Review: Three Bone Theatre’ Toni Stone at The Arts Factory
By Perry Tannenbaum
Trivia questions: who replaced Hank Aaron when the future home run king moved up from the Indianapolis Clowns of the Negro American League to the majors? And who was the first woman to sign a professional baseball contract and play with a men’s team? The answer to both questions is Toni Stone, nee Marcenia Lyle Stone (1921-1996) – unless you’re a stickler for fact-checking and historical accuracy.
Then we need to face the truth that Hammerin’ Hank was already playing for the Braves’ farm club, the Eau Claire Bears, a season before Stone made her Negro League debut at second base with the Clowns. And before team owner Syd Pollock signed her to a Clowns contract, Stone had played in professional men’s leagues – if not the topmost major league – for 16 or 17 years, depending on which capsule biography you read.
Hearing all this for perhaps the first time, you’ll probably ask a truly important question, one that playwright Lydia R. Diamond surely asked after reading Martha Ackmann’s 2010 biography, Curveball: The Remarkable Story of Toni Stone the First Woman to Play Professional Baseball in the Negro League. Why haven’t we all heard about Toni Stone before, and why isn’t she more celebrated?
Amazingly enough, when Diamond’s Toni Stone premiered Off-Broadway in June 2019, the playwright didn’t blare out the answers that would become so glaringly obvious to everyone the following summer in the midst of #MeToo, #BlackLivesMatter, and our communal COVID hibernation. Diamond’s portrait of the pioneer nicknamed Tomboy during her childhood in St. Paul is more nuanced, diffuse, and detailed than it might be if she had begun sketching it after the cataclysms, polarization, and pandemic chaos of 2020. Or the nationwide schism of January 6.
Lucky us? In some ways, Three Bone Theatre’s production at The Arts Factory, meticulously directed by Dr. Corlis Hayes, reminds us how relatively dispassionate we were less than three years ago when we looked at neglected pathfinders and feminist icons. There’s a certain amount of useful calibration when Diamond seemingly steps aside and lets Toni tell us her story – and what she thinks of herself.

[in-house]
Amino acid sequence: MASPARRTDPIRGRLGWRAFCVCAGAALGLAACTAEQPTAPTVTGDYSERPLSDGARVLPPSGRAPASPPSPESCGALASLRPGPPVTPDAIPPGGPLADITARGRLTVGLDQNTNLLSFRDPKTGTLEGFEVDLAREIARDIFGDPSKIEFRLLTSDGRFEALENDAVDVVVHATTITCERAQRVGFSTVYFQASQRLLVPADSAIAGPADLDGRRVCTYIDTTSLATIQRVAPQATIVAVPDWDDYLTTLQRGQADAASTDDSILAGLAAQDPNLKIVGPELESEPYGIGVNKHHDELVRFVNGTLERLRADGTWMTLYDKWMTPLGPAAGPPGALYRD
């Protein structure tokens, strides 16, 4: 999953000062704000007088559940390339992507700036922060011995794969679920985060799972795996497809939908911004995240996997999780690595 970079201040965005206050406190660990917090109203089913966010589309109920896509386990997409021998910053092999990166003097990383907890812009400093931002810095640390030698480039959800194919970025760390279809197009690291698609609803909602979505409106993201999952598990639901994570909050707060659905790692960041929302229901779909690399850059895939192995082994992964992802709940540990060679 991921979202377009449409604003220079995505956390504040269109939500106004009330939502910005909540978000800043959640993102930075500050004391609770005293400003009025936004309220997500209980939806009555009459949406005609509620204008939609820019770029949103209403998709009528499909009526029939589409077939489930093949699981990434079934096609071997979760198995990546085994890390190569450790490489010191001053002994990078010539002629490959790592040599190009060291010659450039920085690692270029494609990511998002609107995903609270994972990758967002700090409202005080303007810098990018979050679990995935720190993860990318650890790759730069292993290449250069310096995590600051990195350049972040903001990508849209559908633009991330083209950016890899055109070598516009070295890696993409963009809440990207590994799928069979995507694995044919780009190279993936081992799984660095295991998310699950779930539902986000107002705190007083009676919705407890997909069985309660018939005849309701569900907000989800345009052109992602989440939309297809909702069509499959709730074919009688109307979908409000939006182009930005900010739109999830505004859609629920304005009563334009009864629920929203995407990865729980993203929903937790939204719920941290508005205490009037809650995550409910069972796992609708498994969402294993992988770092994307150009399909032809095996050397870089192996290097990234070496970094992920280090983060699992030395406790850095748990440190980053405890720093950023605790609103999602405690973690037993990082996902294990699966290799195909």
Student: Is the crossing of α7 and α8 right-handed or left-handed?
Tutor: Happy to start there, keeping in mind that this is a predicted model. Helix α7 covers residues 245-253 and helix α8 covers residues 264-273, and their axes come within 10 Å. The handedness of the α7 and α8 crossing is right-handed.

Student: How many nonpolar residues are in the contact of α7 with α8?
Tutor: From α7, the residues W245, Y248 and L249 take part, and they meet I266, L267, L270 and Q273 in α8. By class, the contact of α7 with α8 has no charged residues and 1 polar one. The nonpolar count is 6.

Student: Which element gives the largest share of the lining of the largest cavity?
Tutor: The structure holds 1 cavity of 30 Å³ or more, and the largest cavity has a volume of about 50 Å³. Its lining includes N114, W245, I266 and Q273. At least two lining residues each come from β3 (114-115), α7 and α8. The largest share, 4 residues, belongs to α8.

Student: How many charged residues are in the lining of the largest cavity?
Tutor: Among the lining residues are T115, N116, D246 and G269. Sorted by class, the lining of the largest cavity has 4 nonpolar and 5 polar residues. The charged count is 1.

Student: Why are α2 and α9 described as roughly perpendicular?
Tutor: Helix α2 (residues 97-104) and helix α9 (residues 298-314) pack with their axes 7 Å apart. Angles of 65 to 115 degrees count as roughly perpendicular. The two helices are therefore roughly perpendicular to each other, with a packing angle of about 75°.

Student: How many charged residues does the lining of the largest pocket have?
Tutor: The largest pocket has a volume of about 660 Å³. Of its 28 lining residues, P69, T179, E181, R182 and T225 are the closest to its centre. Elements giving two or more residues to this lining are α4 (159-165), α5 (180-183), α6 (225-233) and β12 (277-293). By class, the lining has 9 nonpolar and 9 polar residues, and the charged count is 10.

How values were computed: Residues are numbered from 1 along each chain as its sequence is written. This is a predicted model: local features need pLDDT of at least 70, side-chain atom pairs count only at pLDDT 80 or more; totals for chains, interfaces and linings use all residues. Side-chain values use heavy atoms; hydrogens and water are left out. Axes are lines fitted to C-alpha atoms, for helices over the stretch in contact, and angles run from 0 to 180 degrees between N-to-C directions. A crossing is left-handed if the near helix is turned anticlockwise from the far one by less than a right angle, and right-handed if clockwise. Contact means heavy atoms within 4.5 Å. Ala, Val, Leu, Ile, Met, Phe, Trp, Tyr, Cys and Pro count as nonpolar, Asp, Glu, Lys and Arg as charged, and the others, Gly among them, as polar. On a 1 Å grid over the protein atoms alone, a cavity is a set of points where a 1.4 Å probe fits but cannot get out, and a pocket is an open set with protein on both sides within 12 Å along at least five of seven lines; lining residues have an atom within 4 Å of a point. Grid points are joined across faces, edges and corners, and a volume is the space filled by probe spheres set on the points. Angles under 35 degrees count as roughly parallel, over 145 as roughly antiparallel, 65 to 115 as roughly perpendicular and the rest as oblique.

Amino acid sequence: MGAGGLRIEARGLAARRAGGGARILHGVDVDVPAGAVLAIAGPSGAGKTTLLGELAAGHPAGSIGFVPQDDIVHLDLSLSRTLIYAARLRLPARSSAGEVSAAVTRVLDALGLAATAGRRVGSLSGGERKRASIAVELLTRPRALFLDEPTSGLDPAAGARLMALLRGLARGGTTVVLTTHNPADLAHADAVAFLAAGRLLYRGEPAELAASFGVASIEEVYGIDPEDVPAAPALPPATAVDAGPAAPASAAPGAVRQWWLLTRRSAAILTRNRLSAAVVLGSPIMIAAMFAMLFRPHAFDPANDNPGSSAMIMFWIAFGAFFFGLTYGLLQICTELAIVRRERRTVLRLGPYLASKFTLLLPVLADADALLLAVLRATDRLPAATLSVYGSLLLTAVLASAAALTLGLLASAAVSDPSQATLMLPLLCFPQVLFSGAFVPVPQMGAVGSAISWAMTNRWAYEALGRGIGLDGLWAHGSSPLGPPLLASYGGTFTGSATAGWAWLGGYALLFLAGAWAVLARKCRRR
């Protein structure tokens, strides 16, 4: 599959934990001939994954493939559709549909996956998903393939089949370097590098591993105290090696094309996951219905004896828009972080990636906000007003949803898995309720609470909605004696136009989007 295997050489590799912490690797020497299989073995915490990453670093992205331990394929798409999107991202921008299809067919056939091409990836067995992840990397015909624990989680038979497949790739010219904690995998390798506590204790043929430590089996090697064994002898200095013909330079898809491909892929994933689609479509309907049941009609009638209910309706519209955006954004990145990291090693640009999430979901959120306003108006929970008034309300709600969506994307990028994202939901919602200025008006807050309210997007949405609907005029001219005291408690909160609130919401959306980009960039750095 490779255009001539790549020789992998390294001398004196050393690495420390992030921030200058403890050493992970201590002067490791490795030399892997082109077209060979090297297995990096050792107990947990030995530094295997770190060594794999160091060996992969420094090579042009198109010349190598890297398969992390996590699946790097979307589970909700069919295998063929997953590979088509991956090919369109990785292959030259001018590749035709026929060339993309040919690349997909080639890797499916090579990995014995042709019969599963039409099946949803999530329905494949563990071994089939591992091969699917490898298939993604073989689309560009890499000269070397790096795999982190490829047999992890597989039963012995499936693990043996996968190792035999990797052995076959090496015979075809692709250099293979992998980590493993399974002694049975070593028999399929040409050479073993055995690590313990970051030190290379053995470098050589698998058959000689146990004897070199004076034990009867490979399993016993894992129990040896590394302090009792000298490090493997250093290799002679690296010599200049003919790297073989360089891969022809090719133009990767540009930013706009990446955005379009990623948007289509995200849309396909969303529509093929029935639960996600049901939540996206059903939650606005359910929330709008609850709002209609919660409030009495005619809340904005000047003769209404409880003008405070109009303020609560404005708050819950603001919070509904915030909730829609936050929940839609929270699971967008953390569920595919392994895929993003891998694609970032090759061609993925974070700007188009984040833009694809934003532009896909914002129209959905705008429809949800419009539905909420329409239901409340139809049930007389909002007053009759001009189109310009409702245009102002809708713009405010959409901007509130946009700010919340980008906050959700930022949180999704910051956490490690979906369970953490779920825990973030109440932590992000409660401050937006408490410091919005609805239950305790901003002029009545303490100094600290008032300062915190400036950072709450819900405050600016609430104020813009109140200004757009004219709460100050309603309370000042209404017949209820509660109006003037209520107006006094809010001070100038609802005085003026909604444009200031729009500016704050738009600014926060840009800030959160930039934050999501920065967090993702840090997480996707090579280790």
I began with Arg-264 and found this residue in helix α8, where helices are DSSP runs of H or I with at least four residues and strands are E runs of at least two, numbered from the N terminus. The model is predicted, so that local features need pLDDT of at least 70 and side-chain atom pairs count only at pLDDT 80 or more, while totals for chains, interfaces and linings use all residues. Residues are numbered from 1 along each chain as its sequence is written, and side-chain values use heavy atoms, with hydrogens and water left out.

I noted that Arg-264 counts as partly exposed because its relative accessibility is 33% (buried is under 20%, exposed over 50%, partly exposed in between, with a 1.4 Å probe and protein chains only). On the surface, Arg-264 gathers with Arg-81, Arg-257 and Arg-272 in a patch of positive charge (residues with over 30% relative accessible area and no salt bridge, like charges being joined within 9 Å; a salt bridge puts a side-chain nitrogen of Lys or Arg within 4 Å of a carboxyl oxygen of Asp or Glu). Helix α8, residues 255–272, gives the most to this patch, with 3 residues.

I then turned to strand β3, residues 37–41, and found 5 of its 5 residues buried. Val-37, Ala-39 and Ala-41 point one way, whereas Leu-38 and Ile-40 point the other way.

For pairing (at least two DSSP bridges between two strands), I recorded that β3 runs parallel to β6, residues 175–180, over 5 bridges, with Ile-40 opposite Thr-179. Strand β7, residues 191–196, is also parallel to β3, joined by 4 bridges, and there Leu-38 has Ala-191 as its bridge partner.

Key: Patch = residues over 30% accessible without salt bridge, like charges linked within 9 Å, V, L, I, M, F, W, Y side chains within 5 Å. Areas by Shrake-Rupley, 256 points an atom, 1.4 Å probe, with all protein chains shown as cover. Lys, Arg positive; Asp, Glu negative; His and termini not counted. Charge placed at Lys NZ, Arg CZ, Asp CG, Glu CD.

In her third standout outing of the year, Nasha Shandri immerses herself engagingly in all of Toni’s quirks, vulnerabilities, and strengths; candid rather than arrogant, sassy rather than seductive. Above all else, Toni loves baseball – the ball, the glove, the game. Both Diamond and Shandri make us believe it.
When she runs out of things to say, to us or her teammates, Toni will recite major league player stats, as if she’s collected and memorized every baseball card out there – as if the numbers have magic healing powers when she’s distressed. Diamond makes her so obsessed with baseball that romance and sexuality make her uncomfortable. Shandri has a mumbling recitation of stats at her disposal, or a Peter Pan aversion to being touched, whenever hormones begin flowing around her. She’s a natural, either way she goes.
An all-Black ensemble of eight men hustles around Jennifer O’Kelly’s appropriately seedy set, which packages a movable tavern, a ramshackle players’ dugout, and a dimly lit brothel, leaving most of the Arts Factory playing space free to fancifully, maybe laughably, serve as a baseball diamond. Eight men aren’t going to be enough to bring us all the mentors, parents, teammates, and romantic interests of multiple races and genders that Toni will deal with from her childhood through her baseball career (1936-1954). Props and costumes are stowed in the dugout as well as offstage to keep things flowing.
Cutting through much of the confusion, Diamond keeps the names, personalities, and fielding positions of Toni’s teammates as constant as the parks she plays in. All evening long, Shandri and her team wear the same Clowns uniforms, authentically rendered by costume designer Kara Harman. That way, Toni’s path comes across as less solitary while she moves from her early ballplaying days in a local church league to a series of American Legion and minor league teams in Minnesota, San Francisco, and New Orleans before her major-league apotheosis: a full year with the Indy Clowns in 1953, before she joined the famed Kansas City Monarchs for her final season.
Diamond and Hayes are both aware of the perils of allowing Toni and the shorthand differentiation of her crew to devolve into a wholesome replay of Snow White and the Seven Dwarfs. The playwright not only gives us frequent glimpses of the racism that dogs Toni’s progress, she also shows us the sexism and piggishness behind the scenes in the clubhouse, occasionally checked but never eradicated.